From: Bob Williams
Possibly some remember starting each day with family Bible study. Bibles played a major role in our lives and were openly on display in every home and in many offices. Up to the mid-1950s, many public schools started the day with the pledge to the flag and a Bible reading. In the 1960s, Bibles, and God, were removed from public schools and, due to changing family dynamics, Bible reading was given up because no one had the time or interest. The Bible was under attack.
The primary Bible in use until the 1950s was the King James Version (KJV) or Authorized Version. Today the most popular Bible in the English language is the English Standard Version (ESV). The KJV is still the most widely used Bible worldwide; however, several so-called modern translations have been on the market for well over 75 years. In English alone there are several hundred complete and partial translations, revisions and paraphrases. It is normal that questions are raised regarding the Bible. How can each translation be accurate, authoritative and inerrant since they are only copies of the original? Can my Bible be trusted?
In theology, bibliology is the doctrine of the Bible and its literature. Major doctrines within bibliology include revelation, inspiration, illumination and preservation of God’s Word. While each doctrine has a bearing on the questions asked, preservation answers the major issue critics have regarding the Bible: Can we trust the translation, which is just a copy of the original text?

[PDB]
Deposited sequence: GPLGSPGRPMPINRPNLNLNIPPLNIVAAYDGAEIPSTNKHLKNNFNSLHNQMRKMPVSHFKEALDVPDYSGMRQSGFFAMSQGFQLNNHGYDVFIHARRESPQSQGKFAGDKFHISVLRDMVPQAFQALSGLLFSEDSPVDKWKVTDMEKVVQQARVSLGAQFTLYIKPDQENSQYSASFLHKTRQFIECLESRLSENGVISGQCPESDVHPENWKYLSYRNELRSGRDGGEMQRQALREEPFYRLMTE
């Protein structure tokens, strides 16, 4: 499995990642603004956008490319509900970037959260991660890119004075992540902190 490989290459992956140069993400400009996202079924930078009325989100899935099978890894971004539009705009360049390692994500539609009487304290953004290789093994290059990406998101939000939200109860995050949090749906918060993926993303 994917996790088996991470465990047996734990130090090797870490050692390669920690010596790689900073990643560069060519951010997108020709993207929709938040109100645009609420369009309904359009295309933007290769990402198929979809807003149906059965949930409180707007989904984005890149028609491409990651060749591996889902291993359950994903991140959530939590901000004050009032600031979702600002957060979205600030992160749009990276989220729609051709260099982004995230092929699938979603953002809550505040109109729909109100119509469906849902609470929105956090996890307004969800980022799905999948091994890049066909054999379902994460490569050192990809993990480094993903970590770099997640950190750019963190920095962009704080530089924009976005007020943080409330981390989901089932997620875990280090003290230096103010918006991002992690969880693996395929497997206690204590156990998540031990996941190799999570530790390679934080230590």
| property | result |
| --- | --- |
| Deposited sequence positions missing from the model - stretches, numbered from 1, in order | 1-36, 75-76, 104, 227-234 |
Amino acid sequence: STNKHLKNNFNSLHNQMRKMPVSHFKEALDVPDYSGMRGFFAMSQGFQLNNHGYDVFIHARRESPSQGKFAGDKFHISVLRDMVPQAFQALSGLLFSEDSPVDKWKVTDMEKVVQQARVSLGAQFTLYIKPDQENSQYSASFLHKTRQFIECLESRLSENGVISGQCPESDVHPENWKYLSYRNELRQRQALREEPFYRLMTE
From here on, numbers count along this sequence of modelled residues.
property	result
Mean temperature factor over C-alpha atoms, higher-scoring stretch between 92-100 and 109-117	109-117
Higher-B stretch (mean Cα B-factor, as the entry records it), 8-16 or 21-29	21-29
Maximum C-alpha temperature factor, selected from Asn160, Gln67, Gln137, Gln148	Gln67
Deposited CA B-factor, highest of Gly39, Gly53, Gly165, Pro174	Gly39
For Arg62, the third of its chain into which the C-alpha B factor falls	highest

Primary is believing the Bible to be the Word of God. 2 Timothy 3:16–17 explains, “All scripture is given by inspiration of God, and is profitable for doctrine, for reproof, for correction, for instruction in righteousness: That the man of God may be perfect, thoroughly furnished unto all good works.” Some Bible versions state that “all scripture is God-breathed,” which it truly is. The word “perfect” means to be complete, or mature. God wants mature believers who understand His Word and apply it to their lives.
Secondarily is to believe that God is true to His Word and cannot lie. We are told in Hebrews 6:18, “that by two immutable things, in which it was impossible for God to lie ...” and in Titus 1:2, “In hope of eternal life, which God, that cannot lie, promised before the world began.” God demonstrates throughout the Bible that what He says, or predicts through the human writers, does happen. This adds to our confidence to believe when God says, “Christ died for our sins according to the scriptures; and that he was buried, and that he arose the third day according to the scriptures.” The same goes for when we are told in Romans 4:25 that Christ “was delivered for our offences, and was raised again for our justification.” Believe that, God says, and you have, as a present possession, eternal life. You can trust God to be true to His Word. The question is, do all versions contain the same truth?